You thought we'd stop hunting for hidden gems in episodes one and two of the new Arrested Development season? You thought we couldn't possibly keep going with the extensive Easter egg-finding? Wrong! We can't stop and we won't stop! Here are episodes three and four, featuring all the things you might have missed on your first (and second, and third) viewing. Did you catch all of these? And did we miss any? Let us know below!
Episode 3: "Indian Givers"
Easy one first: We learned that Lindsay isn't the biological daughter of Lucille and George, and have the onscreen graphics to prove it.
The TV graphic in the following photo reads: "Pursed lips sink ships."
Lucille and Buster appear on the cover of Balboa Bay Window — "The Magazine of the American Society of Ladies Who Lunch — a Lot" — and seem to be protesting Prop 8 ("Proposition Ape"). Of course, nothing is made of the weirdness of their mother-son marriage.
Tobias and Lindsay address the gorilla in their room: "This marriage of ours, it isn't working. There's nothing keeping us together." See screengrab.
Cats, hats ... Sound like Dr. Seuss to you? Remind you of anyone from episode one? And does it remind you that Brian Grazer and Ron Howard's production company, Imagine Entertainment, produced both Dr. Seuss' How the Grinch Stole Christmas and Dr. Seuss' The Cat in the Hat?
Lindsay’s visit to the shaman gives her a reason to produce the Bluth family's signature prayer hands. “Shoot me if you ever catch me doing that,” Michael says later.
Speaking of the shaman Lindsay meets at The Four Seasons (note the hotel choice!), the magical “man” looks suspiciously familiar. Those freckles? That face the shaman makes when Lindsay implies that she doesn't have children? Maybe that's Maeby saying, "Please don't squeeze the shaman!"
After the sham shaman tells her to go find her love (remember, she only read the "eat" and "pray" sections of Eat, Pray, Love), Lindsay returns home and convinces Tobias to buy a house. Who helps them? Ed Helms, in the form of James “I Don’t Sell” Carr(s).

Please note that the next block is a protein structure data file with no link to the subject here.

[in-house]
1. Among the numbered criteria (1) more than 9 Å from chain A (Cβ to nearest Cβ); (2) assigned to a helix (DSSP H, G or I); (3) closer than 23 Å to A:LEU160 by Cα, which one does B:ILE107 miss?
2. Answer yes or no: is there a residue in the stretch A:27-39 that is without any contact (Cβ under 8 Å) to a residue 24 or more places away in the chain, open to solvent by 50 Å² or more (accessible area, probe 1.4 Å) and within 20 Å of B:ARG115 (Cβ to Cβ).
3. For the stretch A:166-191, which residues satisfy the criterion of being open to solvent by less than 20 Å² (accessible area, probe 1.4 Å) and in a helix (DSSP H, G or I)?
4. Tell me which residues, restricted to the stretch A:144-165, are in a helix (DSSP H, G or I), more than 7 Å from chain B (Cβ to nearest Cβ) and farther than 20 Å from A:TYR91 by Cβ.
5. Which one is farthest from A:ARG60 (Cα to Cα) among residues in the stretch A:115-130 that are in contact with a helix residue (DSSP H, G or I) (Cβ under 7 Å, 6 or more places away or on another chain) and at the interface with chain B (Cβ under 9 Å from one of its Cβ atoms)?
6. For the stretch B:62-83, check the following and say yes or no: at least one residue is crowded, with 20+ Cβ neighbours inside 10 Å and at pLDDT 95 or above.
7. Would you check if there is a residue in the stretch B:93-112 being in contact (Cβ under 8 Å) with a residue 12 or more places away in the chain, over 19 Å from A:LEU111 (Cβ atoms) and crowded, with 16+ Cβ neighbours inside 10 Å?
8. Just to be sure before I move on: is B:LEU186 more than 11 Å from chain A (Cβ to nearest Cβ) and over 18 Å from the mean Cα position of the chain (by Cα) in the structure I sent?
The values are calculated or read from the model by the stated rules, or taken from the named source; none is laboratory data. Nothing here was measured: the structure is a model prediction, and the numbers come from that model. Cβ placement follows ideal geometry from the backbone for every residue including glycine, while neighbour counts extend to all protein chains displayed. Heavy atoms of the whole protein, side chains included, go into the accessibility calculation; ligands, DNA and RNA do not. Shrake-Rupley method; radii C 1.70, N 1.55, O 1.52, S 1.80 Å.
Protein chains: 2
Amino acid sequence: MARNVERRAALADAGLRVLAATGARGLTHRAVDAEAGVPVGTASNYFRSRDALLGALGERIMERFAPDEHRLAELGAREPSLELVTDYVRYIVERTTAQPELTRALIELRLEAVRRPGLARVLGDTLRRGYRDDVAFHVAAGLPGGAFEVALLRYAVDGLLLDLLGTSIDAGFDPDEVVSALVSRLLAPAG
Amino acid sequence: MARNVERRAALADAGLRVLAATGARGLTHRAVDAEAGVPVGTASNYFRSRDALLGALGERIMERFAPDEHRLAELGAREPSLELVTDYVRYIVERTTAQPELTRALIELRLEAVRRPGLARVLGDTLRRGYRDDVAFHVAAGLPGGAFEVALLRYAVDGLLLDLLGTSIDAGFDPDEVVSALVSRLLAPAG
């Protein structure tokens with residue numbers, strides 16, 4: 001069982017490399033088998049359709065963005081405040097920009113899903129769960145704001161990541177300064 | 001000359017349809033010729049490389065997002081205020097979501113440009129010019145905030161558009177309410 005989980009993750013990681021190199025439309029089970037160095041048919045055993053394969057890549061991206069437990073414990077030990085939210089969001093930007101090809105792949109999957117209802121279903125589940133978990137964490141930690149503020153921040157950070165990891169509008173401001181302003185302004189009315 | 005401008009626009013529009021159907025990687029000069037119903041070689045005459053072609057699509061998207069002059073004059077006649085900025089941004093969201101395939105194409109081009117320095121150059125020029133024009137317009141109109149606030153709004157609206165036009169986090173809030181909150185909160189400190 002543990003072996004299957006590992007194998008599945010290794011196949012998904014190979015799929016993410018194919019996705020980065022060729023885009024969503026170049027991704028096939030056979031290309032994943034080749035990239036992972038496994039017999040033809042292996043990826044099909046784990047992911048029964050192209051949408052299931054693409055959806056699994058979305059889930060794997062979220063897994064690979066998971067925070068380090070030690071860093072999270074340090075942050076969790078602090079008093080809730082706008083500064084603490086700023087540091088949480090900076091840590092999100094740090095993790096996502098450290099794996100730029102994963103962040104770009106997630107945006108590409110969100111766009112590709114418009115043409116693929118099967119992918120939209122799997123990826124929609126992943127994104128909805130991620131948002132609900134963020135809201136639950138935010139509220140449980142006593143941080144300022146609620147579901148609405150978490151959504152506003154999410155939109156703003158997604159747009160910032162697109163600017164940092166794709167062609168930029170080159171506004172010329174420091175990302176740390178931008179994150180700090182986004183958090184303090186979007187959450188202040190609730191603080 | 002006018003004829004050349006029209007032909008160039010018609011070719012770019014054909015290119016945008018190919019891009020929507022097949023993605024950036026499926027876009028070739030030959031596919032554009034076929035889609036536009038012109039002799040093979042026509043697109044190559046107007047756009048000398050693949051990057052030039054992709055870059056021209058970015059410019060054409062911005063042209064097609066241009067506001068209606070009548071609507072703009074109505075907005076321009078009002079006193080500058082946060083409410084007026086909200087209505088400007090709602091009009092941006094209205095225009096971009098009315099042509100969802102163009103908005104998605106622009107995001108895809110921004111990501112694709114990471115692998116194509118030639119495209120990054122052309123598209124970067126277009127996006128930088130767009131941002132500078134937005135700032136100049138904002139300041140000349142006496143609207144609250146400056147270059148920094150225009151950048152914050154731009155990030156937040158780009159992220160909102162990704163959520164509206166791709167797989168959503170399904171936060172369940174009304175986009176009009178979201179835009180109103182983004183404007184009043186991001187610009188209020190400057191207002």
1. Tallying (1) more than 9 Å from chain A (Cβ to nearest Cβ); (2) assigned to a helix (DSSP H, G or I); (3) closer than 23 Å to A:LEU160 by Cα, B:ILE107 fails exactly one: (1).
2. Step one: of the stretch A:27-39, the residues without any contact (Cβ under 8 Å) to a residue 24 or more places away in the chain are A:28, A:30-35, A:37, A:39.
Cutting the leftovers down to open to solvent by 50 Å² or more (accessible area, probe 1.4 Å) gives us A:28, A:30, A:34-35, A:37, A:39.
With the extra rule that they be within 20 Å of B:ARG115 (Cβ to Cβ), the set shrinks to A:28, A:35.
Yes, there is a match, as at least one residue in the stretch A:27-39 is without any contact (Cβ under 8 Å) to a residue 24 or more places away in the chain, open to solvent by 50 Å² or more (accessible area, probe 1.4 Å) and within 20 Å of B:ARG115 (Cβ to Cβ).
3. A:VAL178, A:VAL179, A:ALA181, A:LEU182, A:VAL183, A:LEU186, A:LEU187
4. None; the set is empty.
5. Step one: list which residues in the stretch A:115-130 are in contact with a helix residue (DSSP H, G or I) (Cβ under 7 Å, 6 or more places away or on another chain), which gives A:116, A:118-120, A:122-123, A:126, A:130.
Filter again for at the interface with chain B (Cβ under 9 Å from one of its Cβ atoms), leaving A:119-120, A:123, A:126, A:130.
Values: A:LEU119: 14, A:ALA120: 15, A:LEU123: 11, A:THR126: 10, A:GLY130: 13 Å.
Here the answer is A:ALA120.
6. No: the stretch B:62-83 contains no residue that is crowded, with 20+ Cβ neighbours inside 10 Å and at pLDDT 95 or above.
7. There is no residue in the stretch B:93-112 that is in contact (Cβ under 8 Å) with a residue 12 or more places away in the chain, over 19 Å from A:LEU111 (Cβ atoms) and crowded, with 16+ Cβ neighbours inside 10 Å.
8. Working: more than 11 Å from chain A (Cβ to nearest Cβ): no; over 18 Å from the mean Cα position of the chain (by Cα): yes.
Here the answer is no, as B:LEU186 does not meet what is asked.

While Tobias and Lindsay get slowly suckered into buying their “dream home,” Maeby draws penises (or phalluses!) on the whiteboard behind them. How are they able to buy the house with no cash? Using a NINJA loan ("NINJA, please!").
Is it any surprise that Buster’s “Camp Kissa-Me Mommy” was just a tent propped up in Lucille Bluth's bedroom?
The circled flyer reads: “Feeling blue?”
Marky Bark signs up for Al Qaeda because he wants a free beard brush. Obviously, the Bluth family has had its own shady dealings in the Mideast ...
In a flashback, the Fünkes use the “Mommy, What Will I Look Like” signage to trap their Thanksgiving miracle. Remember George Sr. and Kitty’s theoretical child?
Recognize Loretta, the waitress from C.W. Swappigan's? She used to work at Klimpy's (where Lucille delivered arguably her best line ever: "I don’t understand the question and I won't respond to it") and Skip Church's Bistro.
Pro tip: Watch Arrested Development with the captions on.
Episode 4: "The B. Team"
Bob Loblaw is back. In case you forgot, he’s played by Scott Baio, the one-time teen heartthrob actor whose best-known role was Happy Days and Joanie Loves Chachi hunk Charles "Chachi" Arcola, a younger cousin of Arthur "Fonzie/the Fonz/Fearless" Fonzarelli, played by Henry Winkler (who, it goes without saying, recurs on Arrested Development as Barry Zuckerkorn, the Bluth family's other inept attorney); Chachi and the Fonz were pals of Richie Cunningham, played by Ron Howard. Chotchie joke explained!